The speed of Gravity

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Re: The speed of Gravity

Postby Event Horizon on September 3rd, 2018, 9:26 pm 

Thanks Faradave. That is a response that may improve how I try to visualise these things. There are still a lot of unknowns. I just got to figure the right questions if I can, that's the tricky bit.
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Re: The speed of Gravity

Postby hyksos on September 19th, 2018, 4:33 pm 

Event Horizon » September 4th, 2018, 3:47 am wrote:If gravity is mass, and gravity waves arrived here marginally faster than photons etc did, it would seem to suggest gravity/mass must travel at relativistic speeds. But nothing with mass can do that according to Einstein. Could there be a case for gravitation having a duality to it, and this could get complicated. It would mean a particle that travels at speed C that can be part of a wave or be a particle still conferring gravity either way.

How best can we rationalise this? I'm not a Physicist so pls excuse my ignorance.

Edit: This is why in this incarnation here my moniker is Event Horizon. Once beyond my skull, all information is lost!

You are asking the right questions. I will answer by quoting Gerard t'Hooft. (recent Nobel Prize winner in physics) I have added bold-face to pick out the parts where he addresses you directly.

Gerard t'Hooft wrote:I think there was some confusion here because in the discussion it should have been stated clearly what is a linear function of what. Secondly, we are talking of mathematical models of physics; if we add all the dirty side effects nothing is linear anymore. In Maxwell's theory, the em fields are linear functions of the charged sources and currents that are around, but if you take into account that these sources back react, then the combined equations become non-linear.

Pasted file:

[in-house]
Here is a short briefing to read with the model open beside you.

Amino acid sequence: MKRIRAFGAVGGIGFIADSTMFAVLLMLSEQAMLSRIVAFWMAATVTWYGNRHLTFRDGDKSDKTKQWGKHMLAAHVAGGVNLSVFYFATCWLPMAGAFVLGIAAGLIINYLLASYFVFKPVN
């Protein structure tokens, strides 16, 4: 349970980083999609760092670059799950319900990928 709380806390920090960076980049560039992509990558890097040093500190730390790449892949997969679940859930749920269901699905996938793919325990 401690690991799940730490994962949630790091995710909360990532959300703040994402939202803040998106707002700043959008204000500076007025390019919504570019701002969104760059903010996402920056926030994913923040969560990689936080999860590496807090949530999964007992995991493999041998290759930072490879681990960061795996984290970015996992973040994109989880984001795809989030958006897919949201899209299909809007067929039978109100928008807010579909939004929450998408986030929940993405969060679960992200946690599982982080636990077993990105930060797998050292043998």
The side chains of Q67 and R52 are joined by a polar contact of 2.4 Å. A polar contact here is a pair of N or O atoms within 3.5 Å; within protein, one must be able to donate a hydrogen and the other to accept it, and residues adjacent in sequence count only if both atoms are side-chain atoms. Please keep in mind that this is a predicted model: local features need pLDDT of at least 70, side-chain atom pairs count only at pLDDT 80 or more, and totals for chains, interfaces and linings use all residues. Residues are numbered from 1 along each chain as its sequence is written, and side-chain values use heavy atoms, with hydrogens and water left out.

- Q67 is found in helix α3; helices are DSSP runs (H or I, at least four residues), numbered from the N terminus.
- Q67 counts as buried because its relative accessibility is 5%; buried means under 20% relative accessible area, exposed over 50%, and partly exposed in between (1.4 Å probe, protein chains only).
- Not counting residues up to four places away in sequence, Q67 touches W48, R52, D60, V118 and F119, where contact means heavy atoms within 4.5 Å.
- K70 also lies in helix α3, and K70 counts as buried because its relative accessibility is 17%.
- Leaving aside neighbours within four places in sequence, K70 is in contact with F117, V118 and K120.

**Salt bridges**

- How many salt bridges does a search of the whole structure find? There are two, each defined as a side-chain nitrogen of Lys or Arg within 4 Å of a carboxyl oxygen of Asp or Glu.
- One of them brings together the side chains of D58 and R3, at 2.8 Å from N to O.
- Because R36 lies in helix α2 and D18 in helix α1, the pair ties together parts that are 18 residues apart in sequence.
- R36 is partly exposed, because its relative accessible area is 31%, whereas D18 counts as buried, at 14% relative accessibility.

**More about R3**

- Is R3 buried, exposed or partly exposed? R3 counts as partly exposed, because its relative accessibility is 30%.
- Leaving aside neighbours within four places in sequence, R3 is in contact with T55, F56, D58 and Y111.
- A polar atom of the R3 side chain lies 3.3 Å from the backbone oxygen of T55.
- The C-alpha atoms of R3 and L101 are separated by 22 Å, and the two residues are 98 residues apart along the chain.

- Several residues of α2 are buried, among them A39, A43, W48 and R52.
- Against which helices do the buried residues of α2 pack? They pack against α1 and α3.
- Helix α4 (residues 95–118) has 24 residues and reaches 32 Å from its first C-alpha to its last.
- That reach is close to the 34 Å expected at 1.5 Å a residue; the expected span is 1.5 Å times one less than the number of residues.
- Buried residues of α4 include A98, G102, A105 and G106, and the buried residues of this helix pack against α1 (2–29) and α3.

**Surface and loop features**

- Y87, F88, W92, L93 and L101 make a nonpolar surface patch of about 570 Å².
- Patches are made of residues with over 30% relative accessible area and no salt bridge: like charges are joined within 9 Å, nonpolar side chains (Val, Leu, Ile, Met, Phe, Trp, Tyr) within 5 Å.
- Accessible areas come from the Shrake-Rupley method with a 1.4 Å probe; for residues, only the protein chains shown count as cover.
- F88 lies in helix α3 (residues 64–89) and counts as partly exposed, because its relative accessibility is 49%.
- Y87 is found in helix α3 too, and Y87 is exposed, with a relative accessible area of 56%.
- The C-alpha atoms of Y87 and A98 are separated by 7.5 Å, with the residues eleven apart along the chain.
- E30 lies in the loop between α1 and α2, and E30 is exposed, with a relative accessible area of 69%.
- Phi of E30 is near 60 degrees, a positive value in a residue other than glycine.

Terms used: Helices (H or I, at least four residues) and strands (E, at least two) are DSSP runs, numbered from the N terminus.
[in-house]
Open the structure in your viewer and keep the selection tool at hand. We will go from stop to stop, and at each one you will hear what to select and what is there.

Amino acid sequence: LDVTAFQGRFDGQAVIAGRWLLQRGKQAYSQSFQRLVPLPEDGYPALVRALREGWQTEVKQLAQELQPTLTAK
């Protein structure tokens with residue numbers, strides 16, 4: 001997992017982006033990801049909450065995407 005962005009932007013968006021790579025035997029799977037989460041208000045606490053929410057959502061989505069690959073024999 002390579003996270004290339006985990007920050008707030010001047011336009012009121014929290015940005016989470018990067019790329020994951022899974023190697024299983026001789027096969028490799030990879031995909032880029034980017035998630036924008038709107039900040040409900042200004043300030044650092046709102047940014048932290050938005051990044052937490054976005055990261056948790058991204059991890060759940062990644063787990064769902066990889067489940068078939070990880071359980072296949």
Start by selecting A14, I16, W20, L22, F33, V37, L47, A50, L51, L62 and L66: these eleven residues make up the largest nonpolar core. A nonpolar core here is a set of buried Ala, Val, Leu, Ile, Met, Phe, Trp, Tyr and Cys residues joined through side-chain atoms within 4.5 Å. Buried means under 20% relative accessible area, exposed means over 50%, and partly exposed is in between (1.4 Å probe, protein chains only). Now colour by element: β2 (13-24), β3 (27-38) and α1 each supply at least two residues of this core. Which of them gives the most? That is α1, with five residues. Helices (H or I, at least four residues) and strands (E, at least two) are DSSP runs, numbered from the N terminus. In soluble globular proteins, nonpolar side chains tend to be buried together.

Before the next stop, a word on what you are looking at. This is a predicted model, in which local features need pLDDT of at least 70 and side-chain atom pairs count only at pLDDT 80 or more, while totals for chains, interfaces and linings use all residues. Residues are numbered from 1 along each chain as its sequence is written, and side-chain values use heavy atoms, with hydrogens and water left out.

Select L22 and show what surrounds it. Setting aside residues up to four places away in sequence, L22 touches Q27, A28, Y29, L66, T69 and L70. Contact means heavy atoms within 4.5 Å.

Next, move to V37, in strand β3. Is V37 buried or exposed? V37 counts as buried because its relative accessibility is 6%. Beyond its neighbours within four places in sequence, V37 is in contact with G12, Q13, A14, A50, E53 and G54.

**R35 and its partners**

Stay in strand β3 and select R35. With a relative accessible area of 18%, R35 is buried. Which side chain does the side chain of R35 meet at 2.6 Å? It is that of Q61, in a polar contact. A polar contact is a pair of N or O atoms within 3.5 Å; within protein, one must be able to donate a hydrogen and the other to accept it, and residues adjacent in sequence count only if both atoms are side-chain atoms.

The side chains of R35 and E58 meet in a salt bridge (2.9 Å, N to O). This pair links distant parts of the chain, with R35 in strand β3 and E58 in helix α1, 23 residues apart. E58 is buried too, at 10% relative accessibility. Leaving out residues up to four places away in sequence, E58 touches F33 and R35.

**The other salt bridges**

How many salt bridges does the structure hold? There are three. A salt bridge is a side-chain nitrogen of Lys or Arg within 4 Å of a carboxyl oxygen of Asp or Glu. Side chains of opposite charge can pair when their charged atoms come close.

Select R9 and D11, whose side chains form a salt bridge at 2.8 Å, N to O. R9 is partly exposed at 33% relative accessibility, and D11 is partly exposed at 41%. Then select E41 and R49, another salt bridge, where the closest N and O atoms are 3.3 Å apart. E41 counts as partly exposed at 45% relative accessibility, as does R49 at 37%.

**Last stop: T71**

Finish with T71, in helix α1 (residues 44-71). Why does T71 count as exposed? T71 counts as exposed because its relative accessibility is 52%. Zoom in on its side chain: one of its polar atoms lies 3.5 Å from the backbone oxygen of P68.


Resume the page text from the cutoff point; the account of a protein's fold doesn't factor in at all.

Only in this sense, the question posed is a meaningful one: if we keep the sources and currents fixed, then our mathematical models say that the em fields are linear but the gravity fields are not.

In mathematical terms, this can be explained by the fact that the local gauge group in electromagnetism is Abelian (i.e. the effect of two consecutive gauge transformations does not depend on the order) while in gravity it is non-Abelian (the effect of two consecutive curved coordinate transformations does depend on the order). Physically, this means that gravity carries energy and momentum (although this depends on the curved coordinates chosen), so gravity generates gravity, while em fields are electrically neutral.

All of this did not require the consideration of quantum mechanics. In ordinary quantum mechanics, what I say above is still valid. But now, even the vacuum has vacuum fluctuations of charged particles and they cause non-linearities in light when you include the back reaction of the vacuum.


In Einstein Field Equations it is not "mass" that generates a gravitational field. Instead it is a stress-energy tensor that does this. In other words, the presence of raw energy itself contributes a gravitational field. Because GR is a relativistic formulation, you can willy-nilly convert between Energy and Mass by a factor of c2 In some reduxes in academia, meters and seconds are down-converted into Planck Lengths and Planck Clock ticks. This happens to make c (the speed of light) become a so-called dimensionless constant. In these contexts c = 1

Some mild algebra gives :

Code: Select all
E = m * c^2

E = m * (1)^2

E = m


Gravitational waves do carry energy away from a neutron binary. Because they carry energy, they are energy, and so a gravitational wave will contribute a gravitational field (E=m). We reach the same conclusion that Gerard t'Hooft does above. Gravity generates gravity.
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